New museum director brings scientific past
Gary Morgan’s love of museums stem from an unlikely, spiny source.
Morgan, who became the director of the MSU Museum on Monday, once studied freshwater crayfish and planned for a career as a biologist. His studies often took him outside university walls and into local museums, where the scientific resources he needed were tucked away in the museum’s collections.
“I found myself spending most of my time at museums,” Morgan said. “There was so much happening at so many levels, I thought ‘Hey, this is the place for me.’”
On Monday, Gary Morgan became the new MSU Museum director. Morgan, who is from Australia, has held various positions at museums in Australia, Africa, New Zealand, United Arab Emirates and now, the U.S. Morgan discussed his first week at MSU, his vision for the MSU Museum, football and his favorite museum collections.
Julie Avery, the MSU Museum’s former acting director, sat on the committee that hired Morgan and said his extensive administrative experience impressed committee members.
“He knows what it means to be an administrator and he’s also a visionary,” Avery said.
Morgan didn’t wander far from his native Australia until he turned 28 years old. His parents didn’t understand why he wanted to work in museums, but then again, Morgan said they didn’t know why he wanted to become a biologist.
“I don’t think my parents really understood much of what I did anyways,” Morgan said. “I think they were always happy I was doing what I wanted to do.”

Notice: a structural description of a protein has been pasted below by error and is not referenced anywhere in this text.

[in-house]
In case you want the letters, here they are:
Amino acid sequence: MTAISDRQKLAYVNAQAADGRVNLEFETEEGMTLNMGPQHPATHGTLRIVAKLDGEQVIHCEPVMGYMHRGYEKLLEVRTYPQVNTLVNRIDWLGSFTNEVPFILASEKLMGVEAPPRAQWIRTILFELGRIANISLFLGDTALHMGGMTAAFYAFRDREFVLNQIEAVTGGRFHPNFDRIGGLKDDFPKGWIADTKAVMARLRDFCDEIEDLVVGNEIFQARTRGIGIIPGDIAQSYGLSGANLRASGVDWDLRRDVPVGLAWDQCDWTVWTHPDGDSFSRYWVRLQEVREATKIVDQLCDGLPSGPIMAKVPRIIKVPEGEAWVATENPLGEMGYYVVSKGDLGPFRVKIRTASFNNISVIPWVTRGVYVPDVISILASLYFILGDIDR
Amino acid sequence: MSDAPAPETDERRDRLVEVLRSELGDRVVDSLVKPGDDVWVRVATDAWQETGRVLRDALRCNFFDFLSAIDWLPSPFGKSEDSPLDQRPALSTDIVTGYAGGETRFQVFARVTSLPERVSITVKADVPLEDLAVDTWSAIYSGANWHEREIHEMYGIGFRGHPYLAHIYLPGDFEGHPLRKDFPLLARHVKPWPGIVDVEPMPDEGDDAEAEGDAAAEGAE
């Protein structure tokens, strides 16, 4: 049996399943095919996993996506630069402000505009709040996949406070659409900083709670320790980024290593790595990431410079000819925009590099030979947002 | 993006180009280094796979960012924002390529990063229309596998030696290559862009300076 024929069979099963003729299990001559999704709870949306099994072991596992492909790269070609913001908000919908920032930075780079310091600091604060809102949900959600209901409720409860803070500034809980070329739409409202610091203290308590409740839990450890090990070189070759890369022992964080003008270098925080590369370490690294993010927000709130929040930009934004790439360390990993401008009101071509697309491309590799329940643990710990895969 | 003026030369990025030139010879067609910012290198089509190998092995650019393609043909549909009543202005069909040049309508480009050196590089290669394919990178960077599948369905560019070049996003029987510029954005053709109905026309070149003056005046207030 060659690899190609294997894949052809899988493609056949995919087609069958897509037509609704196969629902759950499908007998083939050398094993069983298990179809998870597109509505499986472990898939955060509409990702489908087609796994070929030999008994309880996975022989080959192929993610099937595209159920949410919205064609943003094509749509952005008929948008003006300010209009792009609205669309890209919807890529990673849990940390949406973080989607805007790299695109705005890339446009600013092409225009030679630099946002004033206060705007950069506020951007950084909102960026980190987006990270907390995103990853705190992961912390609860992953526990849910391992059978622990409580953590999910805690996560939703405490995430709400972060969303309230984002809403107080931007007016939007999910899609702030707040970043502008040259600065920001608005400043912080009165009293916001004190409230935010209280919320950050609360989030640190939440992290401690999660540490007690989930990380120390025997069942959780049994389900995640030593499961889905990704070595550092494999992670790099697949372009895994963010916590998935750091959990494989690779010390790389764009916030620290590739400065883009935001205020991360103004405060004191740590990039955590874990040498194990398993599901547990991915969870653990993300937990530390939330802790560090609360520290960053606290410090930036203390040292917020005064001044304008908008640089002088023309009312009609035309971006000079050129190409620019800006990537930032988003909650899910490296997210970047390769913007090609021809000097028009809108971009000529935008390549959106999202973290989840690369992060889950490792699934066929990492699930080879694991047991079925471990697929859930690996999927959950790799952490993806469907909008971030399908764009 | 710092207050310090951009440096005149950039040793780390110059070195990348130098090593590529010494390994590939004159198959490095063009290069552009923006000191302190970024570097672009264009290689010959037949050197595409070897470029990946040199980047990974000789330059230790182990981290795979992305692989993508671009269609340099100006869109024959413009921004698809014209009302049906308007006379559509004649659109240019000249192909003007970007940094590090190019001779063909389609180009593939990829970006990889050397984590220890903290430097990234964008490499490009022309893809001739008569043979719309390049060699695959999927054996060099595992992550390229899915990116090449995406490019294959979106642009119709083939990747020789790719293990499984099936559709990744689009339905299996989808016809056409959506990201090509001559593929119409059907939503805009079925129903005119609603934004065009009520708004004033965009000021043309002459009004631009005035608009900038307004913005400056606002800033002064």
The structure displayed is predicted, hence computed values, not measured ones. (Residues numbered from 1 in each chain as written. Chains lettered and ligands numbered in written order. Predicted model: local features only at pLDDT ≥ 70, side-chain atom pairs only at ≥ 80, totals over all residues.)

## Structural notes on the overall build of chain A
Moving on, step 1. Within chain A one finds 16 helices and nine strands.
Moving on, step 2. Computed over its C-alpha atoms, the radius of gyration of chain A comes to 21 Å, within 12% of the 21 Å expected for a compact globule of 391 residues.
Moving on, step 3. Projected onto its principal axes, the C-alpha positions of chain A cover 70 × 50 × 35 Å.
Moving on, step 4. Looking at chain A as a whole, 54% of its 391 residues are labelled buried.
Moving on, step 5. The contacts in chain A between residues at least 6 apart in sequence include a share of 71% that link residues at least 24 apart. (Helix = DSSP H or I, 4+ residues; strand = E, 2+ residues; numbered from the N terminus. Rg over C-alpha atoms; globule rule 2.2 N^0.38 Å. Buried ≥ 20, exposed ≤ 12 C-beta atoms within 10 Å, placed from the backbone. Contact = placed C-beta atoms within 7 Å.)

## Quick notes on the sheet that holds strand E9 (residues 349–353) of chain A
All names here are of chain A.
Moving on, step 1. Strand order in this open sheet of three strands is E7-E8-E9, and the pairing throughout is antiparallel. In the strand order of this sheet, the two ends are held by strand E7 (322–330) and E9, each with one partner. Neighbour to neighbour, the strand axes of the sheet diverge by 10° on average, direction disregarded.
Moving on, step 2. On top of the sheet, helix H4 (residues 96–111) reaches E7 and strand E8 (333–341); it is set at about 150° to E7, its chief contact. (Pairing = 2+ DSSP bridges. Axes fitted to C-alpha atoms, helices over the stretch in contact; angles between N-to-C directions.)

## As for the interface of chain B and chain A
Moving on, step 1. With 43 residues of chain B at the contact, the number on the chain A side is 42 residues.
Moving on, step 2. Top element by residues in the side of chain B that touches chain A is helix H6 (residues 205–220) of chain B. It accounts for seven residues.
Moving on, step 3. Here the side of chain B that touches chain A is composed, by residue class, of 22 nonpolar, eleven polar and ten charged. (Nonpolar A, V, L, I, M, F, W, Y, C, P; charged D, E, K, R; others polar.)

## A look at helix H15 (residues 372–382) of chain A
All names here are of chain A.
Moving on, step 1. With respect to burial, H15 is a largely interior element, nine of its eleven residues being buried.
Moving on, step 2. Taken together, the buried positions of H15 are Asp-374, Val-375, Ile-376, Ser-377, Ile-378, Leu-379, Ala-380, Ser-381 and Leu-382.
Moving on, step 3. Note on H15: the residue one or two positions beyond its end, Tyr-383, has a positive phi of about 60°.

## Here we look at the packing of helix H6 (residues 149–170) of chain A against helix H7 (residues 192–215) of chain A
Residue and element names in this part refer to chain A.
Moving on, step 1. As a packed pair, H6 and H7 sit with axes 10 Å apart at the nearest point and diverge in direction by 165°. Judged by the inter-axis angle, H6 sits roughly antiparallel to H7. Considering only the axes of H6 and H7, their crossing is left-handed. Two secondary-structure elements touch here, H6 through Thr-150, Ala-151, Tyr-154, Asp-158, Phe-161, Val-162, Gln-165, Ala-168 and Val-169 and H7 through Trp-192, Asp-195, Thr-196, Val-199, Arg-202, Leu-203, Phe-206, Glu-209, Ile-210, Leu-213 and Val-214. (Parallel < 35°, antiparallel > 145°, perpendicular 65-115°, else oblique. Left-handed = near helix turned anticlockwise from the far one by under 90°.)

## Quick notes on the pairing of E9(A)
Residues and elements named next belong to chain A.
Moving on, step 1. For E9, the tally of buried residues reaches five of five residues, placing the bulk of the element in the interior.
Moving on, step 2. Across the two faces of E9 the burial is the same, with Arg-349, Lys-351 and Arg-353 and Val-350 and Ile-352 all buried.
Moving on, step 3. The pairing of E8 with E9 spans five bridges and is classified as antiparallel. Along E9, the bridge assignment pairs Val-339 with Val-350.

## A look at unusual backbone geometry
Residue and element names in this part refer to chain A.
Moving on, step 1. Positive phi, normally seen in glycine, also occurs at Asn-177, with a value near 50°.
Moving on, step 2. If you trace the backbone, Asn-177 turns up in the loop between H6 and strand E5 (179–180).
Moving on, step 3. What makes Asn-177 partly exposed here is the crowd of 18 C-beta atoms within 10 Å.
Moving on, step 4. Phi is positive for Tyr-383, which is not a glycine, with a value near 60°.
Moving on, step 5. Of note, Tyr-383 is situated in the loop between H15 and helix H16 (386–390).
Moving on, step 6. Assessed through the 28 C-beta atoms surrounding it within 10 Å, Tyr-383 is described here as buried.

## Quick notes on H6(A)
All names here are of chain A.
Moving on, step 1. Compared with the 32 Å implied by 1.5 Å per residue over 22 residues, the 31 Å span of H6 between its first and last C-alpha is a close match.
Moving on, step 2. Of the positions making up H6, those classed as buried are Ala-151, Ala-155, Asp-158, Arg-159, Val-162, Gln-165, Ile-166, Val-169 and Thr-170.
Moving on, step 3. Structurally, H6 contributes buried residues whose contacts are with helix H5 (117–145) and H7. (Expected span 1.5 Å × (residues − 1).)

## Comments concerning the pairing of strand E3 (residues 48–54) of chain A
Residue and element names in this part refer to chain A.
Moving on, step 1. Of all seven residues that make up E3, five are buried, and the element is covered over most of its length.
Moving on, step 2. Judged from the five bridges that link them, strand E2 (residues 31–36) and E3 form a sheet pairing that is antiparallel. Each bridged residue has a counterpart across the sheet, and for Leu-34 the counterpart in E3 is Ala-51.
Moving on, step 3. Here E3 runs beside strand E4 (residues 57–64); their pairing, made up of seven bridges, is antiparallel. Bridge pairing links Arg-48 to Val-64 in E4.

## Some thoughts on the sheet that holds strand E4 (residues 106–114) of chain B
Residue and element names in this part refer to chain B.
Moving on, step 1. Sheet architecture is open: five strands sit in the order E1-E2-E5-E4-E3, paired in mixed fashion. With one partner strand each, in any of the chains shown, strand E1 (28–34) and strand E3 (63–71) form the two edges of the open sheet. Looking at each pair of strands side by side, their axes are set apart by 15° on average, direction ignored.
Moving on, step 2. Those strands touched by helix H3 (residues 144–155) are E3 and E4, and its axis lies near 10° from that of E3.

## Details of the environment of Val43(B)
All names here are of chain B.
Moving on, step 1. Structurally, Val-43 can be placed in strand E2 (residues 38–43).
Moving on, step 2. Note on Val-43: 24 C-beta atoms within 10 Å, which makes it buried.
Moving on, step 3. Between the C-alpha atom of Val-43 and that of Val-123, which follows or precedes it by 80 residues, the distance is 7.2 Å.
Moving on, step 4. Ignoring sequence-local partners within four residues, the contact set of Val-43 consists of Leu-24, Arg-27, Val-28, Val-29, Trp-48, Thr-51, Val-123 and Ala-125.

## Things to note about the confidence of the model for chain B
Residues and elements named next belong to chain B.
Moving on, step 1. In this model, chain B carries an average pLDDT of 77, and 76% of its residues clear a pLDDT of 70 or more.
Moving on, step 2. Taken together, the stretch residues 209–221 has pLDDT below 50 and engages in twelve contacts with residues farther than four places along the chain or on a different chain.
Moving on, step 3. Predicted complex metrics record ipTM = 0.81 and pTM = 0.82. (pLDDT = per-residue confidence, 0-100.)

In 1985, Morgan received his first job offer and became a curator at the Western Australian Museum in Perth. He spent seven years at the museum before he accepted a position as the director of collections and research at the Museum of New Zealand Te Papa Tongarewa.
Three years later, Morgan was on the move. He and his wife traveled by train and on foot as they ventured from China to Europe to Africa.
It was in New Zealand that Morgan said he first found himself becoming more involved in museum administration. One of his tasks while at the Museum of New Zealand Te Papa Tongarewa included overseeing its collection management.
Morgan worked in Australia’s national parks and wildlife services for two years before he became the associate director at the Australian Museum in Sydney. He later accepted positions at the Sharjah Museums Department in the United Arab Emirates and the Kungoni Centre of Culture and Arts in Mua, Malawi, Africa.
Lora Helou, communications manager for the MSU Museum, said the addition of Morgan will give the museum the leadership needed to continue to grow.
“He’s had a lot of administrative experience,” Helou said. “That’ll be really key for us building on the foundations for the future.”